1. Those look interesting, I have been neglecting reading books in translation lately and should get back into it.

          1. I’ve read so many things that I wouldn’t have necessarily picked up! I love them. A bit too much really so I am cutting down in August …

  3. Words and Peace blog, she being French, loves Meaulnes. I am willing to find it in Spanish and give it a try. I love the translation discussion etc.

  4. That’s an interesting approach to a summer reading project. Sadly my knowledge of any language wouldn’t get me very far so, though I’m travelling the world through books this summer, they are all in English. I’ve not been very far yet – starting from home in Wales, I’ve been to England, Belgium and am now in Scotland. On the horizon will be Germany, Israel and Japan.

    1. This is just my little push to myself each summer, since my language skills always need boosting. Also fine by me to read books in translation — I know there is another challenge for that hosted somewhere else, but why not extend it further. You’ll get to some of those soon, it seems!

  5. I do love Meaulnes but I know that reading in French would seep into the Spanish I’m trying to learn and that’s more important at the moment.

    I’m really having to have a think about my energy levels and committing to sleeping more even if it means I miss going to sleep with my husband and even watching a full programme on TV after dinner with him. I can’t go on like this, frankly. I don’t get enough sleep then I “use” chocolate to get me through the afternoon. Maybe I should just let myself nap and then miss out on getting enough work done to realise what I’m doing to myself. I don’t know, but something has to change: thank you for the reminder.

    1. I hear you, my husband is a night owl and I have to go to sleep before him or I cannot function! We do a little goodnight ritual and then I conk out. Even then I wish I could get to bed earlier. But there are so many compelling things to do … it’s a real dilemma.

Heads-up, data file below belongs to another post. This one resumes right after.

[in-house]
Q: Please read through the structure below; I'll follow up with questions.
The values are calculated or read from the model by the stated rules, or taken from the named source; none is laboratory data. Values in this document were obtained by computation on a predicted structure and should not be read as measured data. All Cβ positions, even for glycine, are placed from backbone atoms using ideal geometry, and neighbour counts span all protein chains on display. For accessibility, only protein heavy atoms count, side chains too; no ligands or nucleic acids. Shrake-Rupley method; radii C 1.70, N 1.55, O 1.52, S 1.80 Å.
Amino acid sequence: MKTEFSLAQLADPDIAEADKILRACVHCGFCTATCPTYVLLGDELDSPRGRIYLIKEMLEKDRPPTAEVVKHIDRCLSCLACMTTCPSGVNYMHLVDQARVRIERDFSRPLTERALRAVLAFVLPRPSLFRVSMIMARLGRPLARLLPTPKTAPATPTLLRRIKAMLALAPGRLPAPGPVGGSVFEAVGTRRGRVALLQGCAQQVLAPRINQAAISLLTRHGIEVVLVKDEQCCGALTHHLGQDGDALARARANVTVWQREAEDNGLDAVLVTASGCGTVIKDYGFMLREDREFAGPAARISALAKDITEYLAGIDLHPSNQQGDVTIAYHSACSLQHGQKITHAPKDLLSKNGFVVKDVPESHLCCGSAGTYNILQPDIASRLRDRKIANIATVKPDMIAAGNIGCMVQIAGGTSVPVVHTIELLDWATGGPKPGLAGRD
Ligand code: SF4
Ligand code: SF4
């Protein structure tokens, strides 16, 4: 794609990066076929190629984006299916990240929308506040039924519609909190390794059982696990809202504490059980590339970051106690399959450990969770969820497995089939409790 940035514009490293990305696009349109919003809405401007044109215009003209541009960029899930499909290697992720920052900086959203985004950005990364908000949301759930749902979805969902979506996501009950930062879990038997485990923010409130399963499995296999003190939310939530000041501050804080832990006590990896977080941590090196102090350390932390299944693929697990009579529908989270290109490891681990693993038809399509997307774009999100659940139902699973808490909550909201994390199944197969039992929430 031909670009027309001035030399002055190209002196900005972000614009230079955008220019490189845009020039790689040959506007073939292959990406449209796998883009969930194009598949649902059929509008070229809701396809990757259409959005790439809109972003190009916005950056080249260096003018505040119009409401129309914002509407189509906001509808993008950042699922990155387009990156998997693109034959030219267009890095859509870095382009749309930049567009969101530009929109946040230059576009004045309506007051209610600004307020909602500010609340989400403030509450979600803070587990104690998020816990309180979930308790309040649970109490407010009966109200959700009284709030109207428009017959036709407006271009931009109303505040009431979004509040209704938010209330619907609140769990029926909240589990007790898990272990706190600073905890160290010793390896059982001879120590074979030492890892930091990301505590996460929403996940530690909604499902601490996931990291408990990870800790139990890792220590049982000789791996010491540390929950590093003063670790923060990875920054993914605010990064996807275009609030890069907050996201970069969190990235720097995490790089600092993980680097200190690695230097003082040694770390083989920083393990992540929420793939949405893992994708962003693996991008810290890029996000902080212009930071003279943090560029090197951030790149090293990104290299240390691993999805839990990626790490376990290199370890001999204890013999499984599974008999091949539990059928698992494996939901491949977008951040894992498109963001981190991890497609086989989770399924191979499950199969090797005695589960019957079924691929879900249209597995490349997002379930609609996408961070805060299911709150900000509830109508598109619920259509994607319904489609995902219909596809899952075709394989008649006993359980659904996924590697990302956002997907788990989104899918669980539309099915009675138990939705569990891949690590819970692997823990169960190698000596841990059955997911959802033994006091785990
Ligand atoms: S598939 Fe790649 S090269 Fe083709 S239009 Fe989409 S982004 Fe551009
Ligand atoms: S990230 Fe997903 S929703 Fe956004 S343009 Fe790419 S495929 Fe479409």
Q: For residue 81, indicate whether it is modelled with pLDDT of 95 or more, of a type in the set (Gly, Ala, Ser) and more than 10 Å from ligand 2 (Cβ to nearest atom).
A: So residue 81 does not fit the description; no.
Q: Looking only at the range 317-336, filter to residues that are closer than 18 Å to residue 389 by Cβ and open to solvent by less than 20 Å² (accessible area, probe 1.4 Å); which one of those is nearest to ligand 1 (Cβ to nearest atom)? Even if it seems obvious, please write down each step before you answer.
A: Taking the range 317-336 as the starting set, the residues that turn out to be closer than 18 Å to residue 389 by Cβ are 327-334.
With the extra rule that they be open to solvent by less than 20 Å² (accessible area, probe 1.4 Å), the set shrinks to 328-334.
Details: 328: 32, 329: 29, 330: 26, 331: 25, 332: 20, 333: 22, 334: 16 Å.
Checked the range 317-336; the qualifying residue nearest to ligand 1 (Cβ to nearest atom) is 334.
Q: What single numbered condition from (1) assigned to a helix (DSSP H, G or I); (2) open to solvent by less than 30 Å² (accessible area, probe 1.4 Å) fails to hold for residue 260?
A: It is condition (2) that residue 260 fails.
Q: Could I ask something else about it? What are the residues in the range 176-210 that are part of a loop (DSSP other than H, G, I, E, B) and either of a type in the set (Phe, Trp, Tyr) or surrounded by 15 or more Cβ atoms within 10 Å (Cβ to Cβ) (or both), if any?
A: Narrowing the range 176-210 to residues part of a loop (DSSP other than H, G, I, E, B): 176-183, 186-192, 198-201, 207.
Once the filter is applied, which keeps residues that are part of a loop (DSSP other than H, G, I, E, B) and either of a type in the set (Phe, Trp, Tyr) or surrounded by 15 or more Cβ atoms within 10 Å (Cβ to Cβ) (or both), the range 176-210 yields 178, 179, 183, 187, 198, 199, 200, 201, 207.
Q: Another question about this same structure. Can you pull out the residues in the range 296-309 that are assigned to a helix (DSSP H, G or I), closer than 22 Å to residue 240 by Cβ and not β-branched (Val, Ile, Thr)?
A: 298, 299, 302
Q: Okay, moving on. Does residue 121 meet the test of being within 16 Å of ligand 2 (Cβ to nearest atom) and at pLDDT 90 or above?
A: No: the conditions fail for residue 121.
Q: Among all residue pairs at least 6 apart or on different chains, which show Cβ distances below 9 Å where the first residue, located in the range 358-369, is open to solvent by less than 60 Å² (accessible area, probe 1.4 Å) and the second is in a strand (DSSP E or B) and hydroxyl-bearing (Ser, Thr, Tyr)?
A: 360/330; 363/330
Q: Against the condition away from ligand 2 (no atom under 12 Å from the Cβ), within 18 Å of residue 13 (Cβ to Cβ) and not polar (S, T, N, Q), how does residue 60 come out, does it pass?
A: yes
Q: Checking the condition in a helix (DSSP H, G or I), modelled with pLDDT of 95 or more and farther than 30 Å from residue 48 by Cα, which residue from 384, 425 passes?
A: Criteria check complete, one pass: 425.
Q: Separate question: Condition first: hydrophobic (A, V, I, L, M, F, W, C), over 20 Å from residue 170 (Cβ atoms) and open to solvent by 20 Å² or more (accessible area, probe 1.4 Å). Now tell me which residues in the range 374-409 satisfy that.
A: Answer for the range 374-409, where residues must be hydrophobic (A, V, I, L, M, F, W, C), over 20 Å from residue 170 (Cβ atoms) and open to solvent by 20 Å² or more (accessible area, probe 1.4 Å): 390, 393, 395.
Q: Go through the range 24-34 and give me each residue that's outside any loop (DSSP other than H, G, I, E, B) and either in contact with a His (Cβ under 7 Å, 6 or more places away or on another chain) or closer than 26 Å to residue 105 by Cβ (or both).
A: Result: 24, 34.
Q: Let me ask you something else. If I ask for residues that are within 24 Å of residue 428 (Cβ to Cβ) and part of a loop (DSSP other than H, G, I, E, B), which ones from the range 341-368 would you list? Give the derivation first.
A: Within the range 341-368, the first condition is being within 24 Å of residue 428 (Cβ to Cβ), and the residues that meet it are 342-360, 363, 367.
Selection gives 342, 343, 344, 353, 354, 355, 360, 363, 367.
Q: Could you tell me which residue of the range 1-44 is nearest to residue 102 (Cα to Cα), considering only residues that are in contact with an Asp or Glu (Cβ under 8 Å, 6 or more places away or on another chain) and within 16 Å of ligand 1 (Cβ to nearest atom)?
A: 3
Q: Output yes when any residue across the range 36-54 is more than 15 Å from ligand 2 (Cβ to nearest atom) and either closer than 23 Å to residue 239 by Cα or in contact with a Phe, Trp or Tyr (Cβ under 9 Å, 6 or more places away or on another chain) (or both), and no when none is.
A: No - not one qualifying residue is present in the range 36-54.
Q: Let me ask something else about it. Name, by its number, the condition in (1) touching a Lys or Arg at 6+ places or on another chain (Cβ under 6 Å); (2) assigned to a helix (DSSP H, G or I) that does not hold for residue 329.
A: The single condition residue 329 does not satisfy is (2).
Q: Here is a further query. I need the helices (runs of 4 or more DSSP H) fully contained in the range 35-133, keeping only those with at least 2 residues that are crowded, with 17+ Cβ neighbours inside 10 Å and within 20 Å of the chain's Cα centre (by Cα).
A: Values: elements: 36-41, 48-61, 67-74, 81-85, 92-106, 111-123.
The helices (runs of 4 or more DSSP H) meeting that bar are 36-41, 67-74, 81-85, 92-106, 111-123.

6. I somehow missed The Chronicles of Narnia as a child, so I was glad to at least be introduced to them as an adult. I love when books like these can work for all generations, each gleaning the things they need at the level they’re able to receive them!

  7. I started reading The Blue Sword but put it down. Robin McKinley’s writing is nice and I do want to enjoy it but I have a hard time getting through her books.

    Have a great July reading month.

    1. I can understand that, I’m not sure I would have been so enamored of this one if it hadn’t hit me at just the right age. I’ve given up on her later books.

      I tried to visit your blog but the link isn’t working — do you have another site?

  8. Happy to have found your blog via The Sunday post! Aw, hearing you talk about Narnia is so special. I wish I had known about Narniathon, it is an all-time favourite series!

  9. So, so glad you choose not only to revisit Narnia but that you got such a lot out of it and shared your insightful and often incisive thoughts on individual chronicles. I’ve gained immeasurably from the whole exercise, but it would’ve been a poorer experience without the input of so many informed and thoughtful readers like you, Lory. Thank you.

    1. Thank you Chris, Mr. “Informed and Thoughtful” himself! I think we all got a lot out of this reading event. That reminds me, I have to get an e-copy of From Spare Oom to War Drobe so I can enjoy the final month’s installment. After that, it’s over … sob.

  10. The Last Battle is my least favorite so being away from my books in June was not a bad excuse to avoid it. However, I am interested that you are finding Geneen Roth helpful. I have only skimmed her books but I used to work for the publisher and sold many copies, so I was curious about her approach.

    1. I’ve never been a dieter, but Roth’s approach is applicable beyond dieting I think — it’s really about mindful eating, without using that terminology. Interested to read more about that from other points of view.